Access to Recovery

President Bush today announced $100 million in Access to Recovery

grants to provide people seeking drug and alcohol treatment with

vouchers for a range of appropriate community-based services.

By providing vouchers, the grant program promotes client choice,

expands access to a broad array of clinical treatment and recovery

support services, including services provided by faith- and

community-based programs, and increases substance abuse treatment

capacity.

The grants are being awarded to 14 states and one tribal

organization. Three-year grants are being awarded to

California, Connecticut, Florida, Idaho, Illinois, Louisiana,

Missouri, New Jersey, New Mexico, Tennessee, Texas, Washington,

Wisconsin, Wyoming, and the California Rural Indian Health Board.

In fiscal year 2005, President Bush has proposed doubling the

funding for Access to Recovery to help even more of those seeking

treatment.

“Giving people the power to choose a treatment program that

reflects their values and needs can help them triumph over

addiction and achieve recovery,” HHS Secretary Tommy G.

Thompson said. “Access to Recovery will help Americans

who are seeking treatment but are unable to obtain care. This

program is designed to help people reach recovery in body, mind,

and heart.”

John Walters, Director of National Drug Control Policy said,

“Treatment works. But addiction is not a one-size-fits-all

disease. This program represents the next step in our ability to

treat this disease, opening the door to a full range of treatment

providers, and offering treatment access to thousands of Americans

who would otherwise remain trapped in the maze of addiction.”

HHS’ Substance Abuse and Mental Health Services

Administration (SAMHSA) will administer the grant program.

SAMHSA Administrator Charles G. Curie said, “Access to

Recovery is based on the knowledge that there are many pathways to

recovery from addiction. The promise of this initiative --

founded on a belief in individual choice -- is that it ensures the

availability of a full range of treatment options, including the

transforming power of faith. That was the President’s

intent in creating this program in the first place, and requesting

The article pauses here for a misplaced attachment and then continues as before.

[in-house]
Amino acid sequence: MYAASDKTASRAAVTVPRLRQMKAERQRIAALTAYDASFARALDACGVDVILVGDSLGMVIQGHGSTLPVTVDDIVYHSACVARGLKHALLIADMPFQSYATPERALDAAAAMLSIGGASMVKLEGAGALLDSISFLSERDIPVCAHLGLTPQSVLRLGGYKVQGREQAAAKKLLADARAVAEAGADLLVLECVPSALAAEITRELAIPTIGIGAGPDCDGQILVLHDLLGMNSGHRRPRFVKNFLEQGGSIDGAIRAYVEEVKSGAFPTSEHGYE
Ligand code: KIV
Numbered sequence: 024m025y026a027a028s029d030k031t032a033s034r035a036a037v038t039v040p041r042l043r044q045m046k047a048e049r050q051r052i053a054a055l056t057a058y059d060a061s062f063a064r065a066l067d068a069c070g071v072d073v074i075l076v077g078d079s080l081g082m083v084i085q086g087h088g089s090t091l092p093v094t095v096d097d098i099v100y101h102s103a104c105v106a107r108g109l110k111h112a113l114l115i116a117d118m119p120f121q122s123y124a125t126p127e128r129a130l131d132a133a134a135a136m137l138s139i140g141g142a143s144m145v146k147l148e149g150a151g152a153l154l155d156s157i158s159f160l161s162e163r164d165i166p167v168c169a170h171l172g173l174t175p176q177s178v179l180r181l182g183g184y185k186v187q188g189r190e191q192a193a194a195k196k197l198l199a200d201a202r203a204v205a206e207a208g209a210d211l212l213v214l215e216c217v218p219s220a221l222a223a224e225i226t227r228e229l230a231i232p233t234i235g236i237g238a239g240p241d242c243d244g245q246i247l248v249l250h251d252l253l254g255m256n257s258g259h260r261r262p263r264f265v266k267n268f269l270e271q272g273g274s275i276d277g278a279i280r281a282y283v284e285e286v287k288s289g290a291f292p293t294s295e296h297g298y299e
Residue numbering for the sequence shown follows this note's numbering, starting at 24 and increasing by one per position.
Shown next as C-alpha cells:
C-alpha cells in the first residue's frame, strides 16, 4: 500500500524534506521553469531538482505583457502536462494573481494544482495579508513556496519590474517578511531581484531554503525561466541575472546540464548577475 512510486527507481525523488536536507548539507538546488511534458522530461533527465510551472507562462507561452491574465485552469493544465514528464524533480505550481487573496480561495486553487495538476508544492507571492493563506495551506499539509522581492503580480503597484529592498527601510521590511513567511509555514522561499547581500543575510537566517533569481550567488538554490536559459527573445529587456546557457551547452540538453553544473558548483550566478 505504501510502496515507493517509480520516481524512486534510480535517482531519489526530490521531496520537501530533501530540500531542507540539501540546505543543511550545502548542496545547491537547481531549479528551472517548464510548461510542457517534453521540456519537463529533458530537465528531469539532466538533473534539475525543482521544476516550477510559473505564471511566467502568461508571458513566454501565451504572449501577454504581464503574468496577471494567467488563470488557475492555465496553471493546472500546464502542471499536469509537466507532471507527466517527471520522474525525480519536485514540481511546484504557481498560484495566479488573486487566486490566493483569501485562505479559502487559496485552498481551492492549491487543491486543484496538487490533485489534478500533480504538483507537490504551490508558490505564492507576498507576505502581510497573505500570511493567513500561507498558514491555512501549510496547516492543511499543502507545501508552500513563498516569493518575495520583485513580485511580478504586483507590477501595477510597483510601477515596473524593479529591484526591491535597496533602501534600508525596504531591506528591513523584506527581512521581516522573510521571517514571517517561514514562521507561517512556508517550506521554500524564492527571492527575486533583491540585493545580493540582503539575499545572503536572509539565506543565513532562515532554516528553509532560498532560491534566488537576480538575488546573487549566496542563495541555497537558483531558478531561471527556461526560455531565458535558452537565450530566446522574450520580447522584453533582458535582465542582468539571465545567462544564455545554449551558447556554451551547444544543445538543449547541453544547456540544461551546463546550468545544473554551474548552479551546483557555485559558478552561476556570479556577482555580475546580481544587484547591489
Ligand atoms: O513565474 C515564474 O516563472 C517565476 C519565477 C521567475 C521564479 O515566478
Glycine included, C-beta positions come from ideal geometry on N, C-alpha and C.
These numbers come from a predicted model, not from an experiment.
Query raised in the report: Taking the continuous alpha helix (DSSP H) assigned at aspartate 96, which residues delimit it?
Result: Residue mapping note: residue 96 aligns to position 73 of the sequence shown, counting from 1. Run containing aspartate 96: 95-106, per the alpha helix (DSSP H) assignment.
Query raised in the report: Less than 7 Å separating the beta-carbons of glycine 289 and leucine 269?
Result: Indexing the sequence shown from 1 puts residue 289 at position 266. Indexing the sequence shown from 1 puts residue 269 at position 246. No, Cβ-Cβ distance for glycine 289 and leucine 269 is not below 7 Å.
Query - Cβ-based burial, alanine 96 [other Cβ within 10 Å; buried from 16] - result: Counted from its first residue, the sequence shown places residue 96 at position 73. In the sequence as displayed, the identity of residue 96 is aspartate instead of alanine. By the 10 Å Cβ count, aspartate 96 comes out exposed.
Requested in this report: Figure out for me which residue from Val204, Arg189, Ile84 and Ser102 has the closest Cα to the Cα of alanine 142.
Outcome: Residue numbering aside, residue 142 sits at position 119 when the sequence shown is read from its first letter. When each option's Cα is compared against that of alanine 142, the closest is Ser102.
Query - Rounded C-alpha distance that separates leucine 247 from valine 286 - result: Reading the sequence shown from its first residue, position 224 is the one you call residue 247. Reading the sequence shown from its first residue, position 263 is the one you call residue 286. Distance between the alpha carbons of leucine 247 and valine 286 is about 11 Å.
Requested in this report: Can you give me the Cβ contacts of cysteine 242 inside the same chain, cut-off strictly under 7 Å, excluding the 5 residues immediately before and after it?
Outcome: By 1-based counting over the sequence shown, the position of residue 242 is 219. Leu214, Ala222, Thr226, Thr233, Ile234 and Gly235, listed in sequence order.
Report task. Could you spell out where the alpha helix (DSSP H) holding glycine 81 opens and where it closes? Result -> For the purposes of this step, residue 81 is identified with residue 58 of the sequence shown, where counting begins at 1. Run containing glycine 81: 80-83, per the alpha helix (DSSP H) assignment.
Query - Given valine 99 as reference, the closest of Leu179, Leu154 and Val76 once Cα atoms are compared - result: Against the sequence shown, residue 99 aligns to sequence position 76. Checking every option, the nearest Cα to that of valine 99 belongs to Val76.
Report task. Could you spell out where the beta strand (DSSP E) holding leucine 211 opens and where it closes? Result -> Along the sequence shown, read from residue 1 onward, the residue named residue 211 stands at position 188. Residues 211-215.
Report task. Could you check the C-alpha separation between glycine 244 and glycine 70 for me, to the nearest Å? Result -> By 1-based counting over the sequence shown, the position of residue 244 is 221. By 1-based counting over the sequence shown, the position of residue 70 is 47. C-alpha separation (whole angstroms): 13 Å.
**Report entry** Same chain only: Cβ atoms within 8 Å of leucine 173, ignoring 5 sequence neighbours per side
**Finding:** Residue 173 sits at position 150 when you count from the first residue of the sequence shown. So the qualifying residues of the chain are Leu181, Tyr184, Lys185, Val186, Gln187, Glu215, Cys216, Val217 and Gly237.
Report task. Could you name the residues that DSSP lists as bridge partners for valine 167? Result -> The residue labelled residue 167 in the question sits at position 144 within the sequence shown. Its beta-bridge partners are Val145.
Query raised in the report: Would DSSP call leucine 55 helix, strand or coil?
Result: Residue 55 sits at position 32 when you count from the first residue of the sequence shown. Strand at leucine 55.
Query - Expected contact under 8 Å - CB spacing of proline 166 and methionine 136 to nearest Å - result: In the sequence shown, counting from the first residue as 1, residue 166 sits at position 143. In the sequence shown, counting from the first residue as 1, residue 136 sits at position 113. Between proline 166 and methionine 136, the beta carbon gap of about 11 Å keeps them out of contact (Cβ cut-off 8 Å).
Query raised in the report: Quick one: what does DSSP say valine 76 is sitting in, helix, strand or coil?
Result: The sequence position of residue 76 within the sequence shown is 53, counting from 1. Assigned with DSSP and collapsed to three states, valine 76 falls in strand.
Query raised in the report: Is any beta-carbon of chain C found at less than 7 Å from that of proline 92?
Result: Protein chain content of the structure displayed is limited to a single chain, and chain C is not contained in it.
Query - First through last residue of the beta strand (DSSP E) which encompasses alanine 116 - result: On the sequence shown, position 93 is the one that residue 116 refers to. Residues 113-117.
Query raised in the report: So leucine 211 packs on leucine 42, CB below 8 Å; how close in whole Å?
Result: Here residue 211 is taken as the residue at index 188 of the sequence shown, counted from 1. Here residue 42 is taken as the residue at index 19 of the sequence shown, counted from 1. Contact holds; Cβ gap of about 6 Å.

$600 million over three years in his 2003 State of the Union

address.”

In their applications, grantees delineated a process for screening

and determining appropriate services for the individual

client. Clients will be assessed, given a voucher for

identified services, and provided with a list of appropriate

service providers from which to choose. As described below,

grantees proposed a broad range of innovative approaches and target

populations. The grantees were competitively chosen

from applications from 44 states and 22 tribes and territories.

Grantees include:

California -- Awarded $7.6 million per year for each of

three years for a total of approximately $22.8 million. The

state program will address the most critical treatment need in the

state -- service for substance abusing youth between 12 and 20

years of age. The program will target four cities -- Los

Angeles, Sacramento, San Diego and San Francisco. California

will provide incentives to programs based upon consumer

satisfaction and client outcomes. The program will expand

clinical treatment and recovery support capability to

nontraditional providers, such as faith-based organizations.

Connecticut -- Awarded $7.6 million per year for each

of three years for a total of approximately $22.8 million.

Connecticut’s program will target at-risk, nondependent adult

populations ages 18 and older, who are at increased risk of

continued substance use or abuse, as well as adults with substance

use disorders. The program will emphasize populations

documented to have significant barriers to access to care, service

use and successful treatment outcomes, such as criminal justice,

adults involved in the child welfare system and racially or